The funny thing is, the more I thought about it, the happier I was. For everyone—Floyd, Piazza, Mo, Art Howe, and most especialy, my friends who follow the Mets.
When the Mets traded for Robbie Alomar last winter I was excited but secretly envious. I don’t have any of those feelings about the Floyd signing, and I like him even better than I like Alomar. Maybe I’m just thankful that I don’t have to endure the thought of Floyd as a Red Sox any more.
It is interesting to note that Floyd echoed the sentiments of Tom Glavine and Mike Stanton when he said that he would not have considered the Mets if Bobby Valentine were still the manager. “It’s safe to say that I agree with Glavine and Stanton, that if there hadn’t been a manager change, the Mets wouldn’t have been an option for me.”
Must make Steve Phillips feel pretty good. You know what? He may end up working out an extention for himself before it’s all said and done. Just goes to show you how far perception can take you. For what it’s worth, Art Howe has done an admirable job in making the Mets an attractive consideration for free agents. Just by being himself. Could Lou Pinella or Dusty Baker have done better?
While the Mets announced that they had agreed with Floyd to a 4-year deal worth $26 million, they lost their bid to land Japanese free-agent third baseman Norihiro Nakamura. There was a deal in place which fell apart at the last minute. John Harper reports on the particulars. There is also a more detailed article today in Newsday. All considering, perhaps it’s best that the Mets didn’t take too great a gamble with Nakamura.
Mike Lupica shot from the lip: “I guess Nakamura didn’t hear about Valentine being fired.”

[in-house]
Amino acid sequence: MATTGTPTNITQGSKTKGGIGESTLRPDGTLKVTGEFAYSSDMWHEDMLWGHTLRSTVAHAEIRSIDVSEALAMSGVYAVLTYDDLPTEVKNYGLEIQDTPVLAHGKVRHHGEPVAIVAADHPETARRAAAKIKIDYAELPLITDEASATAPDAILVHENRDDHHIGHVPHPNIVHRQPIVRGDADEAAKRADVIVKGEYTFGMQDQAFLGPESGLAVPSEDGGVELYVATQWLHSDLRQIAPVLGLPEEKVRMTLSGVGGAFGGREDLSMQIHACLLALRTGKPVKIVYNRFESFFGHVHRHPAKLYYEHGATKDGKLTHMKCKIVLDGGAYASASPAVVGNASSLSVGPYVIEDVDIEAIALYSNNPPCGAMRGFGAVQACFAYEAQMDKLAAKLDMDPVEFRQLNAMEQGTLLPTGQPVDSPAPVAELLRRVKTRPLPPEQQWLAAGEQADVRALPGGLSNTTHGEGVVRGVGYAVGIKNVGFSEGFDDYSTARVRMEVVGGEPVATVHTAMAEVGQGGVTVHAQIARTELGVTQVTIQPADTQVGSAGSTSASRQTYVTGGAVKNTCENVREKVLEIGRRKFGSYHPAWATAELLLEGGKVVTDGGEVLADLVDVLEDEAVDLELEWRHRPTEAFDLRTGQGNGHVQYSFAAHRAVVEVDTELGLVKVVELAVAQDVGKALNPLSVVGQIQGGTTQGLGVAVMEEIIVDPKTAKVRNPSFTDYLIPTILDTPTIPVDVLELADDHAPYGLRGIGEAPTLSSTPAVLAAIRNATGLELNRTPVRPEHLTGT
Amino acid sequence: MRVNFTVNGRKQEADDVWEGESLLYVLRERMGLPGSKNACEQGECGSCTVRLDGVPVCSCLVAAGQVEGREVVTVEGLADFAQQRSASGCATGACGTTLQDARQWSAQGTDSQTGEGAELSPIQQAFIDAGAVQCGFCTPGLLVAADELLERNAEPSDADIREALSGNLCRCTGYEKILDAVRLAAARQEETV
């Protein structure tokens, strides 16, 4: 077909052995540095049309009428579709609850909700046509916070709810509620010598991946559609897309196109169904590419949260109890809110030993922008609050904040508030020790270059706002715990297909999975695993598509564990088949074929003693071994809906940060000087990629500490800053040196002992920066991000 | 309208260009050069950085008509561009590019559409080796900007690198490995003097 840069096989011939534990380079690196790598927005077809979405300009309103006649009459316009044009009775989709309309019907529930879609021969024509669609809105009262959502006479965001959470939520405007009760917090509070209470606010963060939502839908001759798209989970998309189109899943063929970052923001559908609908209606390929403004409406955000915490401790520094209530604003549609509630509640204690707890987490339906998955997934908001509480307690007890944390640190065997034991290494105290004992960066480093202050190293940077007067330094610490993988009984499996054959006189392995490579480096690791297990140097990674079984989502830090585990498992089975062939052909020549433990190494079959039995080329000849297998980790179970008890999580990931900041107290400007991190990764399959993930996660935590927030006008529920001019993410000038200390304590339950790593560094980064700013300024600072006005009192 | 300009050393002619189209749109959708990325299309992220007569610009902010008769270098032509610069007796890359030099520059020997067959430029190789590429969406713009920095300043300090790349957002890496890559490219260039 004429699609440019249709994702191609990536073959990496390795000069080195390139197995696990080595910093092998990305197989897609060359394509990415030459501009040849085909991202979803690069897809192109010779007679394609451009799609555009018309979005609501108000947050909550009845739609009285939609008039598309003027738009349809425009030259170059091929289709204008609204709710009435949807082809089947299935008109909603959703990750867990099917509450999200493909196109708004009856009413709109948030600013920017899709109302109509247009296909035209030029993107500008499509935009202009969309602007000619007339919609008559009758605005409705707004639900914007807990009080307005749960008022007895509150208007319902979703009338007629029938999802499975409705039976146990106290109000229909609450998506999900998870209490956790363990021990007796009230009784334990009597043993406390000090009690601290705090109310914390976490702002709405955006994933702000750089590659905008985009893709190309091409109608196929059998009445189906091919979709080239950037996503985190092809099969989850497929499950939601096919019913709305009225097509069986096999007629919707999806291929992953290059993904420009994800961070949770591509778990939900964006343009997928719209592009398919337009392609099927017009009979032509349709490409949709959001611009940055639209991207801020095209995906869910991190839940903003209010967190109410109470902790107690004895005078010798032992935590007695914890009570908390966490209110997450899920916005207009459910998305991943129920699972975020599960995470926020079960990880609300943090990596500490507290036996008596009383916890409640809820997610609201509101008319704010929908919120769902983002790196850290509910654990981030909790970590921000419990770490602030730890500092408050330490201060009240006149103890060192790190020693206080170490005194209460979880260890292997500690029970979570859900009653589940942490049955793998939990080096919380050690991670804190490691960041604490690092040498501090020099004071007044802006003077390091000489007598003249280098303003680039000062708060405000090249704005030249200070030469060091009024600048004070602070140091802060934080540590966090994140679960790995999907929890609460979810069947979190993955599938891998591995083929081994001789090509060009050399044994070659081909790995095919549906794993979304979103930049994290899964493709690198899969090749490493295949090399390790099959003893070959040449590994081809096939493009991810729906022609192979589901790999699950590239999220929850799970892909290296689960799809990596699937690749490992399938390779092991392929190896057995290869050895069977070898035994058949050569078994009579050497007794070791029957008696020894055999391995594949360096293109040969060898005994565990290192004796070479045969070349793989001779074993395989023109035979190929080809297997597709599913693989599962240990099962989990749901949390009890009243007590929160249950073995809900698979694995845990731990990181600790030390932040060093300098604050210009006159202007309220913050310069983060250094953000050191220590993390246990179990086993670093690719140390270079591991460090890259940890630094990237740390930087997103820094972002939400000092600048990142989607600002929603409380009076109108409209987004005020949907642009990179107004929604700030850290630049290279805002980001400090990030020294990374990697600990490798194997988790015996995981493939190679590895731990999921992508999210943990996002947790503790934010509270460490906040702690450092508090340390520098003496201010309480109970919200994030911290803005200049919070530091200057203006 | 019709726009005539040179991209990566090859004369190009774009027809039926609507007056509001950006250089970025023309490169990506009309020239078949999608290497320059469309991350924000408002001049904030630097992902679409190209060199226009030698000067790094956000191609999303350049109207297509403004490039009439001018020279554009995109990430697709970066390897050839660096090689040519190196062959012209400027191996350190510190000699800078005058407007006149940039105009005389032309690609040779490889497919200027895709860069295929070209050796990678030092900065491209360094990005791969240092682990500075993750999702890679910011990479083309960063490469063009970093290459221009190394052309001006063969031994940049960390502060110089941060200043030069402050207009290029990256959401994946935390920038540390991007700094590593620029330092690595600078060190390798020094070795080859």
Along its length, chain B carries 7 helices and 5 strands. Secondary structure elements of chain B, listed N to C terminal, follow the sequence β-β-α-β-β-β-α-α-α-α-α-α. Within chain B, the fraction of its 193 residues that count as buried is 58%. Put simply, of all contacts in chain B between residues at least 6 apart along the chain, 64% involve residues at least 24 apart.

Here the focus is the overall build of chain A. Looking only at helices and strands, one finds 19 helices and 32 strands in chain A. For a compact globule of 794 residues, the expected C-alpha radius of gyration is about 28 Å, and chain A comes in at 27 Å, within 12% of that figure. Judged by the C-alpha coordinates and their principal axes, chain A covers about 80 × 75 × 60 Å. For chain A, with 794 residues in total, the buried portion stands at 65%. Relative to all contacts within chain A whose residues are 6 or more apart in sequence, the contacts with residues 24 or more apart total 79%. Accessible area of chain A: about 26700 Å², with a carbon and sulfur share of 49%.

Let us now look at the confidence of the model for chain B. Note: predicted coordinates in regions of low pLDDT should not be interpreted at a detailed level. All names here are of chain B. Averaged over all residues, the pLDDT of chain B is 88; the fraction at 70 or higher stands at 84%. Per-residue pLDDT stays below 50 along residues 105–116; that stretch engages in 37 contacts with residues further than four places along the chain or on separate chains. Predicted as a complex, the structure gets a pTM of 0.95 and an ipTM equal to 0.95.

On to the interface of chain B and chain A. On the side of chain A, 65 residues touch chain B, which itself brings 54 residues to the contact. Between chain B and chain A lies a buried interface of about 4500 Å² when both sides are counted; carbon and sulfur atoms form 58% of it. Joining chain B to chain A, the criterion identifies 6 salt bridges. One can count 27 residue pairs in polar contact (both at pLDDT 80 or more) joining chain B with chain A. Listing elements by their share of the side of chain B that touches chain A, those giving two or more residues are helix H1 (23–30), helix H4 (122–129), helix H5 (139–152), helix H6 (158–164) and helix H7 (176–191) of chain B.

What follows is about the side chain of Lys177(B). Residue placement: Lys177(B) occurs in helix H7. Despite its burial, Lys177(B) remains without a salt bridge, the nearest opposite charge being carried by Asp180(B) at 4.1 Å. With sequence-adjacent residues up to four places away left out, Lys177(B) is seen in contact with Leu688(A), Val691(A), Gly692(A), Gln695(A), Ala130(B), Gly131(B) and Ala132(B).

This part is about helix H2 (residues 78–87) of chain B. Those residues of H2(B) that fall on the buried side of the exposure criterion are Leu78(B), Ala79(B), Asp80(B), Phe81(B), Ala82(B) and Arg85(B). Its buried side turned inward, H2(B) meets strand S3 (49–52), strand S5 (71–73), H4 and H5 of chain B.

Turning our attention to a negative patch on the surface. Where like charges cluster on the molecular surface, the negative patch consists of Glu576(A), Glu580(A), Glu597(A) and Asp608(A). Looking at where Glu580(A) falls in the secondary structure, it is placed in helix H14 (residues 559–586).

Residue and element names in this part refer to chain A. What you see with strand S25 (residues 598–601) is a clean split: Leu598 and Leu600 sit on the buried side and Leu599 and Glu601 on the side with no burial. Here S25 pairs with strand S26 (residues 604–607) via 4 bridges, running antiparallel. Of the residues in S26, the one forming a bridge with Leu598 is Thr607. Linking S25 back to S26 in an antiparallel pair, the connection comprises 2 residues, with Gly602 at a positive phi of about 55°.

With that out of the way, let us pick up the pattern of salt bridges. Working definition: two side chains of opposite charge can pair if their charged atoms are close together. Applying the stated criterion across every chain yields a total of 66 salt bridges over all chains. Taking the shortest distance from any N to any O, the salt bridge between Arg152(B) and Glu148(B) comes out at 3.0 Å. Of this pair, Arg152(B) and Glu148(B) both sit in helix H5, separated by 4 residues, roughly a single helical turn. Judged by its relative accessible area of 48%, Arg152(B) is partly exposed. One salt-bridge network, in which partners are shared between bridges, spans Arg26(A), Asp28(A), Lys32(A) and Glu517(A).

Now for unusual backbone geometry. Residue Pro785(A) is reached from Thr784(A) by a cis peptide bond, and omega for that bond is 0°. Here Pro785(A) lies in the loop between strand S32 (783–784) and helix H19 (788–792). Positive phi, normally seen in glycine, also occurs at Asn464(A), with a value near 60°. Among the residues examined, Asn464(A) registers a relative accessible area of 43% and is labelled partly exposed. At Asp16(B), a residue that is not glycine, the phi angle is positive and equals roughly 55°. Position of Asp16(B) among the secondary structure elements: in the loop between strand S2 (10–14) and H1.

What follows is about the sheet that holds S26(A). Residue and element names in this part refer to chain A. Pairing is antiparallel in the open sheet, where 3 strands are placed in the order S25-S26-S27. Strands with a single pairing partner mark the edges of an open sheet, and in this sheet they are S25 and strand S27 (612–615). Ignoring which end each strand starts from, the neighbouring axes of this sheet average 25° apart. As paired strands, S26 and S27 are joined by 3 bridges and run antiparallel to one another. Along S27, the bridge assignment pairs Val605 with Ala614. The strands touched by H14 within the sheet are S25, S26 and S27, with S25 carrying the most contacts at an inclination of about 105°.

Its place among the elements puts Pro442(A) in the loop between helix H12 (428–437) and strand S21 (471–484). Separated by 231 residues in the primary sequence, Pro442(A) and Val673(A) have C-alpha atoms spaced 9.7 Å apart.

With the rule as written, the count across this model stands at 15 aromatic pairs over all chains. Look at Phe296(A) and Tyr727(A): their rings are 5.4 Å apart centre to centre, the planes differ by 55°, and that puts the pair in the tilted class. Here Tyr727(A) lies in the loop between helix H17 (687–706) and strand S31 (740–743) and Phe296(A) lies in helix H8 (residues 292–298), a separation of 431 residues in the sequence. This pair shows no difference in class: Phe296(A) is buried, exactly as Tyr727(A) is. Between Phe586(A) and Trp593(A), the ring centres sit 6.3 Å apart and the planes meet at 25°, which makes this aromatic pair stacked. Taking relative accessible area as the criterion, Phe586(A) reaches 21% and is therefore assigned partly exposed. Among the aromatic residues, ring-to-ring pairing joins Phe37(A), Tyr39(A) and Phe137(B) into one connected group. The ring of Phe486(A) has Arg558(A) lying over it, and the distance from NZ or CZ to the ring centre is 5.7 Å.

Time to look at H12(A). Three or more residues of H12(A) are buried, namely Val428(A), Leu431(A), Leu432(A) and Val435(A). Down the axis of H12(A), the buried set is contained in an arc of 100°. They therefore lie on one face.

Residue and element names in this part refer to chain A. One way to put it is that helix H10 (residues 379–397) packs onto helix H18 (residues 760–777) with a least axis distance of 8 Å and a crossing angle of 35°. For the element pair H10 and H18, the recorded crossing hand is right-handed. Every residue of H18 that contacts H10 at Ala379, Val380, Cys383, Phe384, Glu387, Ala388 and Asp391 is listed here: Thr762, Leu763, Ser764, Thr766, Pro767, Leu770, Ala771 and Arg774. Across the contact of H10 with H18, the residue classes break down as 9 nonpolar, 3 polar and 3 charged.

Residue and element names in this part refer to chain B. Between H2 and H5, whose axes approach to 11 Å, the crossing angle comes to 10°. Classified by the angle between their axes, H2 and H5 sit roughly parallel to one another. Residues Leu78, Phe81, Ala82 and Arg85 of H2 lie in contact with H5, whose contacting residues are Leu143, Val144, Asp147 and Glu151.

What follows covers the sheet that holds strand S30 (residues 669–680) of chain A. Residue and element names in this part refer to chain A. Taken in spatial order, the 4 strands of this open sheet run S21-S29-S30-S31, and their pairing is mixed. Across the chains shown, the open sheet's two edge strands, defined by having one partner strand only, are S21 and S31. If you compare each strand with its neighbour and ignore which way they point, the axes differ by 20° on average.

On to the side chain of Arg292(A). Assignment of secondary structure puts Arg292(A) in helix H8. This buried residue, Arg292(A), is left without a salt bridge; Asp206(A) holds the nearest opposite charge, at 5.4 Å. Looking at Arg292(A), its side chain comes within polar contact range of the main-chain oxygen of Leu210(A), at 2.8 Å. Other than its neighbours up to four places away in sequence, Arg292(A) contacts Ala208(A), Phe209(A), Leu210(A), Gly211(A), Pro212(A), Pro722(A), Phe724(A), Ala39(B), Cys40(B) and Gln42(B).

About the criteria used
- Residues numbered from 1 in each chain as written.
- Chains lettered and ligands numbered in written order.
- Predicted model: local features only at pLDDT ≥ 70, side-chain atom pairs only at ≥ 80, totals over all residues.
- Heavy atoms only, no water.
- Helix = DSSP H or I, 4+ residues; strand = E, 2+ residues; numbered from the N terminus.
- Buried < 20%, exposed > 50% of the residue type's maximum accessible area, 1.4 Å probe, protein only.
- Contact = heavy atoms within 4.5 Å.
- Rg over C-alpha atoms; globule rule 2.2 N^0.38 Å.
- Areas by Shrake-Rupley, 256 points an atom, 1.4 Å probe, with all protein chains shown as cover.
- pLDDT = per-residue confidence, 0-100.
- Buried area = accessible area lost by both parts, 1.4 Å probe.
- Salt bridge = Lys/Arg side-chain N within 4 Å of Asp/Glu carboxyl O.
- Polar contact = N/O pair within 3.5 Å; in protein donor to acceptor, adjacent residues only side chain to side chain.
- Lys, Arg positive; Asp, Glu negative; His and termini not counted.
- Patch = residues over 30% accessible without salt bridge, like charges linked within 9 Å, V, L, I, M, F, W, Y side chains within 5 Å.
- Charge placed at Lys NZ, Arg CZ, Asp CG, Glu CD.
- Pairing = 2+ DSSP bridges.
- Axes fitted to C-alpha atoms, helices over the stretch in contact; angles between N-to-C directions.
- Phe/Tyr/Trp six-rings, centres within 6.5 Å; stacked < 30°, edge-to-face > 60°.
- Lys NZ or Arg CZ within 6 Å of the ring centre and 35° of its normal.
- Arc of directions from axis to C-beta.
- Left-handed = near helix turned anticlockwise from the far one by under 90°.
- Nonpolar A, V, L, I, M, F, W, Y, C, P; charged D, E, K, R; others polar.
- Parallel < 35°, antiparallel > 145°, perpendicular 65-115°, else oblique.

SHANE, SHANE GO AWAY
As happy as I am about Cliff Floyd, I could be even more pleased about the Yankees dropping back-up outfielder, Shane Spencer, trifling as it is. I think Spencer is an ingrate and a whiner, and I am happy he has an opportunity to get 450 at bats somewhere else. He’s going to get the chance to show the Yankees just how wrong they were letting him go, and I wish him all the luck in the world. But no matter what happens to Shane, I hope he’ll learn to appreciate the value of being even a minor contributor on a great team, instead of being a mediocre fish in a mediocre pond.
Shane Spencer will be best remembered for being the Icing on the Gravy of the 98 season. A seasoned minor league player, Spencer added the finishing touches to the historic Yankee campaign by hitting homers like he was the second-coming of Kevin Maas. But Spencer’s barrage was an aberation, and though he was a competent enough back-up player, he never showed the ability to stay healthy, and productive.
His second greatest claim to fame was his defensive incompentence on Jeter’s infamous “flip” play in the 2001 playoffs. Chicks liked him and he had his small following of supporters, but I never saw much in him. Quite frankly, it’s hard to believe that Shaniac the Maniac lasted as long as he did.
Shane wasn’t even the best of the nontenders who were let go on Friday: Jose Cruz Jr, Robert Fick, Brad Fullmer, Frankie Catalanotto, Brian Daubauch and Travis Lee were let go as well.